How to do Thanksgiving in New York right

Article by: CNN

CNN’s Forrest Brown and Jenna Scherer contributed to this report.

Editor’s Note — This article was originally published in 2007. It has been reformatted and updated.

(CNN) — On any given day, the hectic pace of New York streets may convince tourists that their eyes are better fixed on the ground ahead than gazing up at the sky. But during Thanksgiving, all that changes. The traffic stops and there’s something a whole lot more interesting happening overhead.
More than canned cranberry sauce and the Mayflower, the Macy’s Thanksgiving Day Parade has become one of the most cherished symbols of the Thanksgiving weekend in the USA.
It’s the highlight of wonderful time you can have in New York over the Thanksgiving holiday. Check out the parade and other things you can do in New York:

The parade

01 macy's parade balloons

Felix the Cat was one of the first giant balloons to appear in the Macy’s Thanksgiving Day Parade. The parade in New York City, as much a holiday tradition as turkey, football and dinner-table debates, started in 1924. Balloons first appeared in 1927, replacing live animals from the Central Park Zoo.
courtesy Macy’s
32 macy's parade balloons
Dog (1929): In 1929, the balloons were equipped with safety valves that allowed helium to slowly seep out. The balloons would float for a few days and land somewhere with return address labels attached. If any viewers were lucky enough to find the balloons, they would get a special gift from Macy’s. That lasted for a few years. These days, the balloons are deflated after the parade.
courtesy macy’s
02 macy's parade balloons RESTRICTED
Mickey Mouse (1934): Macy’s designers collaborated with Walt Disney to produce a Mickey Mouse balloon in 1934. Throughout the years, Macy’s has produced three more versions of the famous mouse: a more updated look in 1977, Bandleader Mickey in 2000 and Sailor Mickey in 2009.
NY Daily News Archive via Getty Images
04 macy's parade balloons
Officer SOS 13 (1937): The police have always been associated with the parade, whether they are patrolling the streets or flying through the air as balloons. “Officer SOS 13” debuted in 1937 and represented the dedication of law enforcement officials.
courtesy Macy’s
03 macy's parade balloons RESTRICTED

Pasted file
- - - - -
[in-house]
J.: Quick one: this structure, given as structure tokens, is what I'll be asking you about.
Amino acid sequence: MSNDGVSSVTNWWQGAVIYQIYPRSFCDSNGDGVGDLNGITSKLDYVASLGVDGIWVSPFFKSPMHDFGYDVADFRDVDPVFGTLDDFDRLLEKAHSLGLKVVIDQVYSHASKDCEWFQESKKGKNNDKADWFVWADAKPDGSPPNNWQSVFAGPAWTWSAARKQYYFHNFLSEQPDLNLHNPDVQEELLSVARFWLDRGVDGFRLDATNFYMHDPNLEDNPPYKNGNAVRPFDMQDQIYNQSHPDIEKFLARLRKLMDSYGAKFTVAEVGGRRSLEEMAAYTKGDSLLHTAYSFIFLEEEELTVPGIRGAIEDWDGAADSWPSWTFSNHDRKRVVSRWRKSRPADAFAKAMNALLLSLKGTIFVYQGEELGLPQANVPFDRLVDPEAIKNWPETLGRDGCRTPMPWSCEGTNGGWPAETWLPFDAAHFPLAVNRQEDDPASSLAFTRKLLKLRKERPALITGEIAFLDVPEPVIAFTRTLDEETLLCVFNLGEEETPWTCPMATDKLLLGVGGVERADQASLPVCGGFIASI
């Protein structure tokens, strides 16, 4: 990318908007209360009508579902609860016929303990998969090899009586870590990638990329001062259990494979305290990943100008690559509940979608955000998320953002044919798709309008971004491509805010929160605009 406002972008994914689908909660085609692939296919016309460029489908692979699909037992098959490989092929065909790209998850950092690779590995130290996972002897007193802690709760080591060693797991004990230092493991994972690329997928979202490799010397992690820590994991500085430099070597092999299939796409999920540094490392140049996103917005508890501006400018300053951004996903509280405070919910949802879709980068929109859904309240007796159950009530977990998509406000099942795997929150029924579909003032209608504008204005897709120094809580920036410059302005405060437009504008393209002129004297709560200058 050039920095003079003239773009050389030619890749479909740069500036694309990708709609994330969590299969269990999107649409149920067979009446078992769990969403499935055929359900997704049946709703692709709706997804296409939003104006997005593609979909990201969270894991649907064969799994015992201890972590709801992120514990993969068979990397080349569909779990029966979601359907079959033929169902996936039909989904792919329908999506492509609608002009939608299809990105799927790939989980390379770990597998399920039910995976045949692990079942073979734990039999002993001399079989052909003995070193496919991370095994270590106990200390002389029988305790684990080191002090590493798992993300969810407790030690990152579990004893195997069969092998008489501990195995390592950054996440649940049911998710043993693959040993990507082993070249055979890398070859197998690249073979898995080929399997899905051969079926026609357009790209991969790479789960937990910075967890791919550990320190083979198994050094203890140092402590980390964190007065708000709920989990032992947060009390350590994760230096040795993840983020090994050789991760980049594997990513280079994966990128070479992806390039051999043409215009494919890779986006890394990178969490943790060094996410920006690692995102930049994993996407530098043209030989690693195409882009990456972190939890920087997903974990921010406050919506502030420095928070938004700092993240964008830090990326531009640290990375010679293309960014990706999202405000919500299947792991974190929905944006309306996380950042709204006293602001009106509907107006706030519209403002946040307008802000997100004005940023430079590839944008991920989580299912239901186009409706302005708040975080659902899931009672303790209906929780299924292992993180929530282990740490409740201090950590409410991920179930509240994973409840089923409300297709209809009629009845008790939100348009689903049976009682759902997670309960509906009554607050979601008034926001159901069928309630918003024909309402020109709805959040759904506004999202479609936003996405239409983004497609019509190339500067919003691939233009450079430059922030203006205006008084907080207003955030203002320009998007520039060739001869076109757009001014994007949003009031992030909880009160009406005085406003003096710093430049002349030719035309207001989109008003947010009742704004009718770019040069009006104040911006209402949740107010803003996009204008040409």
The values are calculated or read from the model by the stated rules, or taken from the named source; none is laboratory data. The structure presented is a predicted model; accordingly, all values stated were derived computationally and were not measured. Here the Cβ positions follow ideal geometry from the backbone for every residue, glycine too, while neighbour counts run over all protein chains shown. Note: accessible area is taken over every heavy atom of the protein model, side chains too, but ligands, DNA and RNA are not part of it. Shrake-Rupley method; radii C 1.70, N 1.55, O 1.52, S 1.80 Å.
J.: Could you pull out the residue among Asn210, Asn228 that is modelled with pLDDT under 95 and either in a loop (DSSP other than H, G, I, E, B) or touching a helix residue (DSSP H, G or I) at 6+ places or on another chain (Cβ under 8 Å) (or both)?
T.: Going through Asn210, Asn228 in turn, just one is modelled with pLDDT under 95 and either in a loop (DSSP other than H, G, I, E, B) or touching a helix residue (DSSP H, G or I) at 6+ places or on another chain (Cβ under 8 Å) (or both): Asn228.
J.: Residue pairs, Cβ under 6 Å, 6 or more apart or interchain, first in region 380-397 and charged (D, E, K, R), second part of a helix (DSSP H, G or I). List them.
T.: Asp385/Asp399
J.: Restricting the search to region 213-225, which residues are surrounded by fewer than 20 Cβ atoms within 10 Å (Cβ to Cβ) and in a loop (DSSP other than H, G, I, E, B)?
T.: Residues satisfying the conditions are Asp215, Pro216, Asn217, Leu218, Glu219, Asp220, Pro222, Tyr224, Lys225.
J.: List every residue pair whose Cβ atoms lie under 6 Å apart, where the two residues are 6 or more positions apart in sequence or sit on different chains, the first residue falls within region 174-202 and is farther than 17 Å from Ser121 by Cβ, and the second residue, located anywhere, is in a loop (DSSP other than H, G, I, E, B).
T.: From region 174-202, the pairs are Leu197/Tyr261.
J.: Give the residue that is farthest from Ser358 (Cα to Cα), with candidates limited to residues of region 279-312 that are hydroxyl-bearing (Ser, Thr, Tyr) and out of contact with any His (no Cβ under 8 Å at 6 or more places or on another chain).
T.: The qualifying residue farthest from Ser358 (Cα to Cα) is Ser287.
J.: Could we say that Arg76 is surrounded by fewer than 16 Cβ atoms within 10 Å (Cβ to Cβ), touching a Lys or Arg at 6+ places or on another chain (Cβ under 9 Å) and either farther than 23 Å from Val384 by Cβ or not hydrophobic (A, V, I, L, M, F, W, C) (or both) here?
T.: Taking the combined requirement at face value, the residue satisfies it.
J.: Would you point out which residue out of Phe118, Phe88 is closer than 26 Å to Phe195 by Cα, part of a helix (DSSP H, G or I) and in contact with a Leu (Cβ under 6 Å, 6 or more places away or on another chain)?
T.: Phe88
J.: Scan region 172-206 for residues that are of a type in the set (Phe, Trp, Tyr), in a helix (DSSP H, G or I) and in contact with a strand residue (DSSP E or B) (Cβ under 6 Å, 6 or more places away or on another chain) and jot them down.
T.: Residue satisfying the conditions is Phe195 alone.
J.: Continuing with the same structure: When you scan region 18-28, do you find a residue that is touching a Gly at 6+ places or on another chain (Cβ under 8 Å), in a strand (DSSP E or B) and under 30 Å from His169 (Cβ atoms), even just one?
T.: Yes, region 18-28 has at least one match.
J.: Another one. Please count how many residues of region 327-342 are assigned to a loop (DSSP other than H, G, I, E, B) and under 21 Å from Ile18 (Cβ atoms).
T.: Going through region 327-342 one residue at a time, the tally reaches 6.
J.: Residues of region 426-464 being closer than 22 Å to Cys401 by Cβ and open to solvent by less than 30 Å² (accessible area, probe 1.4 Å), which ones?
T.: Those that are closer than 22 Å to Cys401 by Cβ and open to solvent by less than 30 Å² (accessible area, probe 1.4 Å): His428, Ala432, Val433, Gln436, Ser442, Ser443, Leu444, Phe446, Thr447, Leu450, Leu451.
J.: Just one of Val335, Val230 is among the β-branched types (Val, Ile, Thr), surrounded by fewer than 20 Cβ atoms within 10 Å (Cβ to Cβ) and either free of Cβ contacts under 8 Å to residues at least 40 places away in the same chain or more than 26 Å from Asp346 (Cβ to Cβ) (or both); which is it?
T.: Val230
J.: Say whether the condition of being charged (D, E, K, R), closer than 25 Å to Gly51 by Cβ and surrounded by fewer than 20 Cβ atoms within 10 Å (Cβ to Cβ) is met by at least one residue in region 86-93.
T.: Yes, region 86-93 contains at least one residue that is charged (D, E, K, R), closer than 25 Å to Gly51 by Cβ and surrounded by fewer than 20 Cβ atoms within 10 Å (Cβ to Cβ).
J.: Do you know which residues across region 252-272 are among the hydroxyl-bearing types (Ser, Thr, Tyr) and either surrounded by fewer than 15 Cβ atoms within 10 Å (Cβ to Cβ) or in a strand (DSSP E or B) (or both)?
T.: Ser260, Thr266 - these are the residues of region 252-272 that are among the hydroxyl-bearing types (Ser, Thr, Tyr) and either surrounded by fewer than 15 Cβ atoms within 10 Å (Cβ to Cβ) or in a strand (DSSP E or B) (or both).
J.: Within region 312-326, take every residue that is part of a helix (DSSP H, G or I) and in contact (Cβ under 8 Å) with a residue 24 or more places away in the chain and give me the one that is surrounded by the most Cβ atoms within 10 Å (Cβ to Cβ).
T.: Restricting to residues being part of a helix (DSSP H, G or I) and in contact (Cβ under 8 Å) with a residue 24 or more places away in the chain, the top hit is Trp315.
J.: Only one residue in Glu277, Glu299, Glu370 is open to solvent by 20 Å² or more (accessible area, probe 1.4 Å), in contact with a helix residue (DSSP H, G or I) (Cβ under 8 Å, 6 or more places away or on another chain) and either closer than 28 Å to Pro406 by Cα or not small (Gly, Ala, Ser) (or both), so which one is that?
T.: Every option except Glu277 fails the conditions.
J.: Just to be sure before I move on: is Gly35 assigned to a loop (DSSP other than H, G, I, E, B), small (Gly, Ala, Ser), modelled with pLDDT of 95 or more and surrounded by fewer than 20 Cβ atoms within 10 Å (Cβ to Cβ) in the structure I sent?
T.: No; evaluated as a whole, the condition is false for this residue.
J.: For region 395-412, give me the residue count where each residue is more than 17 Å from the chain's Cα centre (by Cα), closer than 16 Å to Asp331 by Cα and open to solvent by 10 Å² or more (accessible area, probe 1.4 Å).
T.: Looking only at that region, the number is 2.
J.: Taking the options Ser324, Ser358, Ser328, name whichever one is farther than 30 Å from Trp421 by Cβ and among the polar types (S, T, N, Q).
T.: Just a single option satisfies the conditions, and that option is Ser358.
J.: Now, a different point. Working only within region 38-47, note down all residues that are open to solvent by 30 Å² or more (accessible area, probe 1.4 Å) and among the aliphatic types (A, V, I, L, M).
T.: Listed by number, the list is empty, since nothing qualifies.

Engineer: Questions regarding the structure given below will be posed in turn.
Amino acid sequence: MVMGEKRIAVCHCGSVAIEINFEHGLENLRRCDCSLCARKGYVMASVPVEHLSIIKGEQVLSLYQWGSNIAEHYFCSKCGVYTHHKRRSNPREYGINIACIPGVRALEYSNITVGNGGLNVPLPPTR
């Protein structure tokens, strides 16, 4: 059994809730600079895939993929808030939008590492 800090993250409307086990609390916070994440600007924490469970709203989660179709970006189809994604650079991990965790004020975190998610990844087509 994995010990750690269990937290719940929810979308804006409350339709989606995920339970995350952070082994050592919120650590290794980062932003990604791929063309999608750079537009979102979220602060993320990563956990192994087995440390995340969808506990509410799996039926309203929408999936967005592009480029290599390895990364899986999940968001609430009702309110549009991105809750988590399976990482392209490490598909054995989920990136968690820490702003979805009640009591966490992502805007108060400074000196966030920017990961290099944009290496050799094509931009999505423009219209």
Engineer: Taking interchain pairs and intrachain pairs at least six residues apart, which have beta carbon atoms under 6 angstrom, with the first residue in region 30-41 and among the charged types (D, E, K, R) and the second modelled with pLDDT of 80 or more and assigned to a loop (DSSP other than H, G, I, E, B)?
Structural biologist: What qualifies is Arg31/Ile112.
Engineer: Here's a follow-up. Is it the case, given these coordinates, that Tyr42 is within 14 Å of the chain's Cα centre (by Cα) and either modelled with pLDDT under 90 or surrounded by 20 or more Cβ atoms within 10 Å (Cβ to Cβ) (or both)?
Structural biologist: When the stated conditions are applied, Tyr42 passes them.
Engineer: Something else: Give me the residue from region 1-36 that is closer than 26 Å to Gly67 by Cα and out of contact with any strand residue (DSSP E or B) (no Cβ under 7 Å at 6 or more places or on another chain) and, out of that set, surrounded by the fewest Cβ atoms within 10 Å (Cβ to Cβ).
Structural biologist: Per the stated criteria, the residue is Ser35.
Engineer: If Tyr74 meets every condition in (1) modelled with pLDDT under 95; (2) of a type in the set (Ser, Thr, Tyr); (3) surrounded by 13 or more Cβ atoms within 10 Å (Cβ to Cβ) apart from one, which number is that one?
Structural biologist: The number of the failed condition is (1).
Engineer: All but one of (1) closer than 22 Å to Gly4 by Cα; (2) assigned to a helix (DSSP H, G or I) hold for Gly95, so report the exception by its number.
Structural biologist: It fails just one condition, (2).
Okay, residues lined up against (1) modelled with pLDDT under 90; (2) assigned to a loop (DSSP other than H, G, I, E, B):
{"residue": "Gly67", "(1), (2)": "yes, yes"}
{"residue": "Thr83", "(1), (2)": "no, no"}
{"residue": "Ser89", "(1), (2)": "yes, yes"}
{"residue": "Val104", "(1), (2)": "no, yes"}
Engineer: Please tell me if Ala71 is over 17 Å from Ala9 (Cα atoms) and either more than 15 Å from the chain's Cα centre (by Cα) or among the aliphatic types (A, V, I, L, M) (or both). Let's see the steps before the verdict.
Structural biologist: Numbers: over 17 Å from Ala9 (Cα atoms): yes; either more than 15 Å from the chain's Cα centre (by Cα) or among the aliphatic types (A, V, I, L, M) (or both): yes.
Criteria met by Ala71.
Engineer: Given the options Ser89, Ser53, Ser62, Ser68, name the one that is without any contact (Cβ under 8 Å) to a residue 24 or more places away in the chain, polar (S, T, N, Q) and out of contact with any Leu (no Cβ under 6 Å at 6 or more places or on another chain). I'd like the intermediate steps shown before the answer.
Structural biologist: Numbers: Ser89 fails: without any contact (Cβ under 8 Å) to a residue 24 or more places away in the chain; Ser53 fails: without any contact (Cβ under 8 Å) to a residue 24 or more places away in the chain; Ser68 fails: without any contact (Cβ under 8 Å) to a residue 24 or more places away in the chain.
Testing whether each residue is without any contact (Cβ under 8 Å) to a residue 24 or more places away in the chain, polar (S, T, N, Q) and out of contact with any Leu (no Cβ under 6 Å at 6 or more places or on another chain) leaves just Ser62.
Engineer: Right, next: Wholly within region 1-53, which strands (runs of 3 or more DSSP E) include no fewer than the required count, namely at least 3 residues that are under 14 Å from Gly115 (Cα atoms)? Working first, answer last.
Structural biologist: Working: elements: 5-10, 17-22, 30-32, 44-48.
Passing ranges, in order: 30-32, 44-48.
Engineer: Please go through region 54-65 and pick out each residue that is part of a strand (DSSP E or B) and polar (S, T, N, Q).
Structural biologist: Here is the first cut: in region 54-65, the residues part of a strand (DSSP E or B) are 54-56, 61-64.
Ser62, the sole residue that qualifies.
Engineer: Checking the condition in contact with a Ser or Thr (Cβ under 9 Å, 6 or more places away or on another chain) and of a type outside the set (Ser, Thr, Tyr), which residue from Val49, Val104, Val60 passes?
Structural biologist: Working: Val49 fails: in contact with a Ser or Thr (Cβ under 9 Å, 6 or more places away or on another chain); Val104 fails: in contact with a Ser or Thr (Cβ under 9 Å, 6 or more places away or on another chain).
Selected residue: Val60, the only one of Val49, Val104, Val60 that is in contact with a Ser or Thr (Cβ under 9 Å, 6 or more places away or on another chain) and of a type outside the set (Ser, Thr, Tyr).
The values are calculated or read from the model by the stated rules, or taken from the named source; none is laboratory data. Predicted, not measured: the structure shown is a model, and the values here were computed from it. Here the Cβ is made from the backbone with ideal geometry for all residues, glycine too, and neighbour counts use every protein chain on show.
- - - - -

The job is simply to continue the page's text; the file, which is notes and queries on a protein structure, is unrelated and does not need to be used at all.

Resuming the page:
Superman (1939): “It’s a bird! It’s a plane!” No, its a typical joke that’s associated with the Superman balloon that debuted in 1939. The Man of Rubber has graced the parade with three different versions of himself, also in 1966 and in 1980. The third version is the largest balloon ever to appear in the history of the parade (104 feet long).
31 macy's parade balloons
Eddie Cantor (1940): Eddie who? Eddie Cantor, the “Banjo Eyes” song-and-dance man who had already peaked in popularity before he floated down Broadway. He is known for songs like “Makin’ Whoopee” and for being only the second balloon in the parade to be based on a living person (the Marx Brothers were the first). Cantor’s balloon doesn’t appear in the parade anymore, and neither do other balloons based on real people.
FPG/Getty Images
24 macy's parade balloons RESTRICTED
Uncle Sam (1940): Two years after this, Macy’s brought the parade to a halt for the first time. World War II had started, and because of rubber and helium shortages, balloons were deflated and donated to the government. The parade came back in 1945 with a record-breaking 2 million spectators lining the streets.
NY Daily News Archive via Getty Images
05 macy's parade balloons
Elf gnome (1947): The parade started being televised in the late 1940s. It first appeared on CBS, but NBC has been the official broadcaster since the 1950s. There have been a variety of hosts for NBC’s coverage of the parade, including Betty White, Ed McMahon, Bryant Gumbel, Willard Scott, Katie Couric, Meredith Vieira, Ann Curry, Matt Lauer and Al Roker.